What Is HTML5, and Should You Use It?
Now that everyone has finished converting all their pages to xhtml 1.1, the W3C suddenly had a terrible realization: xhtml was all a horrible, ghastly mistake. In one blinding flash they realized that plain old HTML like we used back in the 1990s was better, so they dumped xhtml and redefined html5 as the new standard. To sell the package, they've thrown in everything that anyone might want. The books reviewed below help website designers understand what has changed.
But is there any compelling reason to change to html5? Considering that most
browsers don't yet incorporate all the features, the answer for most people
will be no. But anything that does away with those abominations called
rounded corners, and drop shadows—which makes it a big deal among web
designers. The question “Why would anybody want that?” even
seems to have been asked on a few occasions, and some features, like
acronym, have been dropped. (Actually, they only changed
the name to
To see why you might not want to switch to HTML5 yet, try viewing this page (which is written in valid html5) with Firefox 3.6.6. You would need to add a statement like "Watch out for falling boxes" to each page. (Update: found a way around that.) IE8 doesn't show any boxes at all, and just renders the page as text on a white background (with a chopped-off title). This is a big problem: these browsers will be in use until the hard drives they're installed on have all crashed, which could take months or even years.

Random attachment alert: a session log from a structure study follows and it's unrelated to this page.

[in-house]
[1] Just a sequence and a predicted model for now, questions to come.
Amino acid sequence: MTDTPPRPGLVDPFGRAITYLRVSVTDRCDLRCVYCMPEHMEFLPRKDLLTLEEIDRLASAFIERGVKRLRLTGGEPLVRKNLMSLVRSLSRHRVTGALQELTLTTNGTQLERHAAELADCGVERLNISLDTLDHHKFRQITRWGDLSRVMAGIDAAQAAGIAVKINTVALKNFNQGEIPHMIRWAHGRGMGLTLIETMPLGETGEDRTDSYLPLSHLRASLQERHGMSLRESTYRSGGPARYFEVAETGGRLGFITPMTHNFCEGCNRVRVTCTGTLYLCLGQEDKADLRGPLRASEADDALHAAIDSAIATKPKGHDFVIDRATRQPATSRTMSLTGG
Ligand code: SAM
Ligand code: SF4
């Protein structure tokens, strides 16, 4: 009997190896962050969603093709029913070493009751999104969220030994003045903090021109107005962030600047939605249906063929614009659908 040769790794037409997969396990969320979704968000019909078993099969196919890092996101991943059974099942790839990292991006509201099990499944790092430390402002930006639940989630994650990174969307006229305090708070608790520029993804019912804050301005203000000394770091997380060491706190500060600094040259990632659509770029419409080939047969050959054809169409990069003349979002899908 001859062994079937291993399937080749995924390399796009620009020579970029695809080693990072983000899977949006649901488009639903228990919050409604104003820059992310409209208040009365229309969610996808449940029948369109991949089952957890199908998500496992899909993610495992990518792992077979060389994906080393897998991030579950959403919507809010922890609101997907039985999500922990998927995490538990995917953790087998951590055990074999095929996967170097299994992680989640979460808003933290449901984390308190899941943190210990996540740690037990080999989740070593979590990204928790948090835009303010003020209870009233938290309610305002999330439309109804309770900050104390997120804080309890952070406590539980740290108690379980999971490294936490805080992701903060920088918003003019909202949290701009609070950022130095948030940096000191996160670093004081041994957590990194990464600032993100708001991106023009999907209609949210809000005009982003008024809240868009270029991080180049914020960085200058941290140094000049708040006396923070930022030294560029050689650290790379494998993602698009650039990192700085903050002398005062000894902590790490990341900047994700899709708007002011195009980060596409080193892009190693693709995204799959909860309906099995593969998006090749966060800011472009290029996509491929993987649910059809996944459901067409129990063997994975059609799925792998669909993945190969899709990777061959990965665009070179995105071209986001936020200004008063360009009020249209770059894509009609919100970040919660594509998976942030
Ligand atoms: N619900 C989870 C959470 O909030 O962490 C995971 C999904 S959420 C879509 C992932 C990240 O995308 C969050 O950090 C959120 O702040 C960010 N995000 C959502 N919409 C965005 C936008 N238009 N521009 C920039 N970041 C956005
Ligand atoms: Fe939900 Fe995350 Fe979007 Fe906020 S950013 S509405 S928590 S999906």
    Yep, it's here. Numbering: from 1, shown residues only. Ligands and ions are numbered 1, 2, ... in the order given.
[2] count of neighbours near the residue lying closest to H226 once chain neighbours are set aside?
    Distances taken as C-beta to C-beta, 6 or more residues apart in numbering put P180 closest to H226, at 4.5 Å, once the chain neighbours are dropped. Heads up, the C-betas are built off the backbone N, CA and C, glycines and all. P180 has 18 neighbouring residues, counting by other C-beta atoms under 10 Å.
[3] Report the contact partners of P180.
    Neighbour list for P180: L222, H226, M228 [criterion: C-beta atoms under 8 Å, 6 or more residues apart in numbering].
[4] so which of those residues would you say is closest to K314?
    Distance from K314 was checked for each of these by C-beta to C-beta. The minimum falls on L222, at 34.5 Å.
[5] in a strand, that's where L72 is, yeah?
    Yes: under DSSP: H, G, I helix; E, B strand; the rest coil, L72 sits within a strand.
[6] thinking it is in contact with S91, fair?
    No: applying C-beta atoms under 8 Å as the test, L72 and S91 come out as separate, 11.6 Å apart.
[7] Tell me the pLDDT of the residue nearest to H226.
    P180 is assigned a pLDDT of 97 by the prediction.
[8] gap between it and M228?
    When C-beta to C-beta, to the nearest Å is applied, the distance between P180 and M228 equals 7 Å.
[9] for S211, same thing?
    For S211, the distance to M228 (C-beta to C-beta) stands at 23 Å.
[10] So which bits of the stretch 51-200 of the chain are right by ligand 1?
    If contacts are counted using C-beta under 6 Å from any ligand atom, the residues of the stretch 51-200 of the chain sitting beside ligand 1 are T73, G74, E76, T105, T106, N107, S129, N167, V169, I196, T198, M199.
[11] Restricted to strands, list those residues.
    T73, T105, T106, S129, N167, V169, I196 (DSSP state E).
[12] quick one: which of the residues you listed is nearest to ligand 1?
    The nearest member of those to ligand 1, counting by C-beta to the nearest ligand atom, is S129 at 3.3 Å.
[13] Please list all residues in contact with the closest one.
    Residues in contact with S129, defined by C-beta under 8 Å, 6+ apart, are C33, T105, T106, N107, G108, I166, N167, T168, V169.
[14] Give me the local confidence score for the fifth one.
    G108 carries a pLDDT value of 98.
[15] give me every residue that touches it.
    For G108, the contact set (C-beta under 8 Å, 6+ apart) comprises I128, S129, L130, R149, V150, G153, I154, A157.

There is an old saying that every application continues to evolve until it can deliver mail. Browsers will eventually become translators, dictionaries, and videophones. Someday Firefox, or its descendant, will probably be implanted in your brain. Or given how browser size is increasing, maybe you will someday be implemented as a feature in Firefox's brain.
Sooner than that, you will be able to add a movie to your web page as easily as adding an image, using code like
<video src="test.mp4" controls></video>
What you get at the moment, if your movie is in mp4 format, is this:
One of the few things that does work is content-edible tags. If your browser supports it, you should be able to click on the italicized text in the previous sentence yourself and change it to “continent-inedible,” “content-editable,” or whatever you prefer. This will be welcome news for those of us who are driven up the wall whenever someone puts apostrophes inside any word that ends with an 's'. (Even worse is when they put an apostrophe in the word 'want'.)
A critical step in learning the correct syntax is to get an html5 validator. For Linux I recommend tidy-html5-master, which is a fork of html-tidy.
This topic changes rapidly. Avoid books that are over a year old.
Unmet needs in css:
How much progress?
CSS3 now has arithmetic, so you can now do things like
height: calc(3 * 333px);
(although none of the books below mention it). But this is still not very useful, because there are still no variables. So a line like
height: calc(3 * mybox.height);
With CSS3, you can finally create upside-down text with a color gradient and specify the degree of transparency of your text. Unfortunately, it only works in some versions of Firefox. IE8 doesn't show it (or any of the html5 features on this page).